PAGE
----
Quiz 24: The Influence of Monetary and Fiscal Policy on Aggregate Demand
Aggregate Demand: Aggregate demand refers to the total demand for final goods and services in an economy at a given time that would be purchased at all possible price levels. It is also referred as the demand for the gross domestic product of a country. Aggregate demand curve shows the sum of consumer expenditure, government expenditure, investment and net export. Effect of Aggregate Demand Expansion: Central bank controls the money circulation in the economy. Money is the important factor to undertake aggregate expenditures, such as consumer spending, government spending, investment and net export. When there is an increase in the money supply, the aggregate expenditure increases and with a decrease in the money supply the aggregate demand decreases. If the central bank wants to expand the aggregate demand, then it can be done by increasing money supply in the economy which in turn will increase the purchasing power of all four sectors, such as household, business, government, and foreign country. The other determinant of aggregate demand, such as interest rate has to be decreased in order to boost the investment expenditures. Decrease in interest rate will also increase the household expenditures on durable goods. Hence, option 'b' is correct.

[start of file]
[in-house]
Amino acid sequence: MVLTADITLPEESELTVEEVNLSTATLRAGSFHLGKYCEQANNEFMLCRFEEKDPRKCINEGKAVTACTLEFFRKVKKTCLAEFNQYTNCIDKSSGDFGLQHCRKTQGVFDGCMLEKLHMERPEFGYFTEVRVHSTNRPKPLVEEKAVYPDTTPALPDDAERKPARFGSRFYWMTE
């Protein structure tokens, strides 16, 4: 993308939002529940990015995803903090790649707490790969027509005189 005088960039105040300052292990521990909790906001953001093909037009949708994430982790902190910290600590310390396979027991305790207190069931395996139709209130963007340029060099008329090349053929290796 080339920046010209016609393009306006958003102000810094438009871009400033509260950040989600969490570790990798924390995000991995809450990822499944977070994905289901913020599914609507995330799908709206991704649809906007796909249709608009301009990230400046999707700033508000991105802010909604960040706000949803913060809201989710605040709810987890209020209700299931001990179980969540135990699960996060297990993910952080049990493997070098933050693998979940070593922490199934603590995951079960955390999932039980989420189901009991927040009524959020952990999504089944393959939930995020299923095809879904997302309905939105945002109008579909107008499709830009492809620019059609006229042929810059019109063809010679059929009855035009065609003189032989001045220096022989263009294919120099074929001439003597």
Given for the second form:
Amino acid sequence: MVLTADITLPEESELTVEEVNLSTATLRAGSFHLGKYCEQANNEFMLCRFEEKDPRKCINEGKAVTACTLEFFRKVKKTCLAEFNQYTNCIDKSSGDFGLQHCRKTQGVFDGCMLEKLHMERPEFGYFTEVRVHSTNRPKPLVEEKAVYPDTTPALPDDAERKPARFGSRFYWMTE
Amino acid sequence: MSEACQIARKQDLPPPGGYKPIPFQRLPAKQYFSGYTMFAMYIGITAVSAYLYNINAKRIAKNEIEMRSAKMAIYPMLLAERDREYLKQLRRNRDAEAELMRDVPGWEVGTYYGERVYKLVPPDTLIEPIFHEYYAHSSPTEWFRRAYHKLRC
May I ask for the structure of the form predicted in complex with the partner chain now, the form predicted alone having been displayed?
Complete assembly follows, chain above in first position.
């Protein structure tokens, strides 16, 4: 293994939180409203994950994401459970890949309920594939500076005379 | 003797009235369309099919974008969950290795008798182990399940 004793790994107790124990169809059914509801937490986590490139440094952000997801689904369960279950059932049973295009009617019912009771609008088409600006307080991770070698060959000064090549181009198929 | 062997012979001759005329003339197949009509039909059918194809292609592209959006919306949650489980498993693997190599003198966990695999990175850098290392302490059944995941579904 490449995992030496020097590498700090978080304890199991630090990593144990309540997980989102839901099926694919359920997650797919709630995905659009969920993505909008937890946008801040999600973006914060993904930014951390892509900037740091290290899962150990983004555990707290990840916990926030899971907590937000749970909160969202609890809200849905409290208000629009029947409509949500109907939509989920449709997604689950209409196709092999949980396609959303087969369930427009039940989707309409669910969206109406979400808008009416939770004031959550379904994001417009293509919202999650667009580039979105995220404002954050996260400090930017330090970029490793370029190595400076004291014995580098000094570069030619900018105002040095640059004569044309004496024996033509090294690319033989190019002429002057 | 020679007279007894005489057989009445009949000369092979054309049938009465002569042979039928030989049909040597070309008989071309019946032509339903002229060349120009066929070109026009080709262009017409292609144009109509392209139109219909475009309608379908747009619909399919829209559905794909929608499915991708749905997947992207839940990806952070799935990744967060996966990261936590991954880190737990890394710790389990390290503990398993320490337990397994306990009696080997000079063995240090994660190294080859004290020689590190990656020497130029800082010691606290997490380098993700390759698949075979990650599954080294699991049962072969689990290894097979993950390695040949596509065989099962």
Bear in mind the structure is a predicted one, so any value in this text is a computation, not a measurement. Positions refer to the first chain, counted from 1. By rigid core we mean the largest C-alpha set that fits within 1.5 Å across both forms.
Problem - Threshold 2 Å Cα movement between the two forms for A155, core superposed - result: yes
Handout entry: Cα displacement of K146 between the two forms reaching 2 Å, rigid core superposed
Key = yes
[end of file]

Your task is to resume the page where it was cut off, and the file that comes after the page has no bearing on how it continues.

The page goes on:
a. When the Fed's bond traders buy bonds in open-market operations, the money -supply curve shifts to the right from MS 1 to MS 2. The result is a decline in the interest rate. Change in Money supply b. When an increase in credit card availability reduces the cash people hold, the money-demand curve shifts to the left from MD 1 to MD 2. The result is a decline in the interest rate. Graphically, this can be seen as below: Change in Demand c. When the Federal Reserve reduces reserve requirements, the money supply increases, so the money-supply curve shifts to the right from MS 1 to MS 2. The result is a decline in the interest rate. The figure is same as in (a) d. When households decide to hold more money to use for holiday shopping, the money-demand curve shifts to the right from MD 1 to MD 2. The result is a rise in the interest rate. Figure 3 e. When a wave of optimism boosts business investment and expands aggregate demand, money demand increases from MD 1 to MD 2 in Figure 3. The increase in money demand increases the interest rate. Graphically, this can be seen as below: Figure 4
The theory of liquidity preference is Keynes's theory of how the interest rate is determined. According to the theory, the aggregate-demand curve slopes downward because: (1) A higher price level raises money demand; (2) Higher money demand leads to a higher interest rate; and (3) A higher interest rate reduces the quantity of goods and services demanded. Thus, the price level has a negative relationship with the quantity of goods and services demanded. The above three points illustrates the liquidity preference of Keynes's theory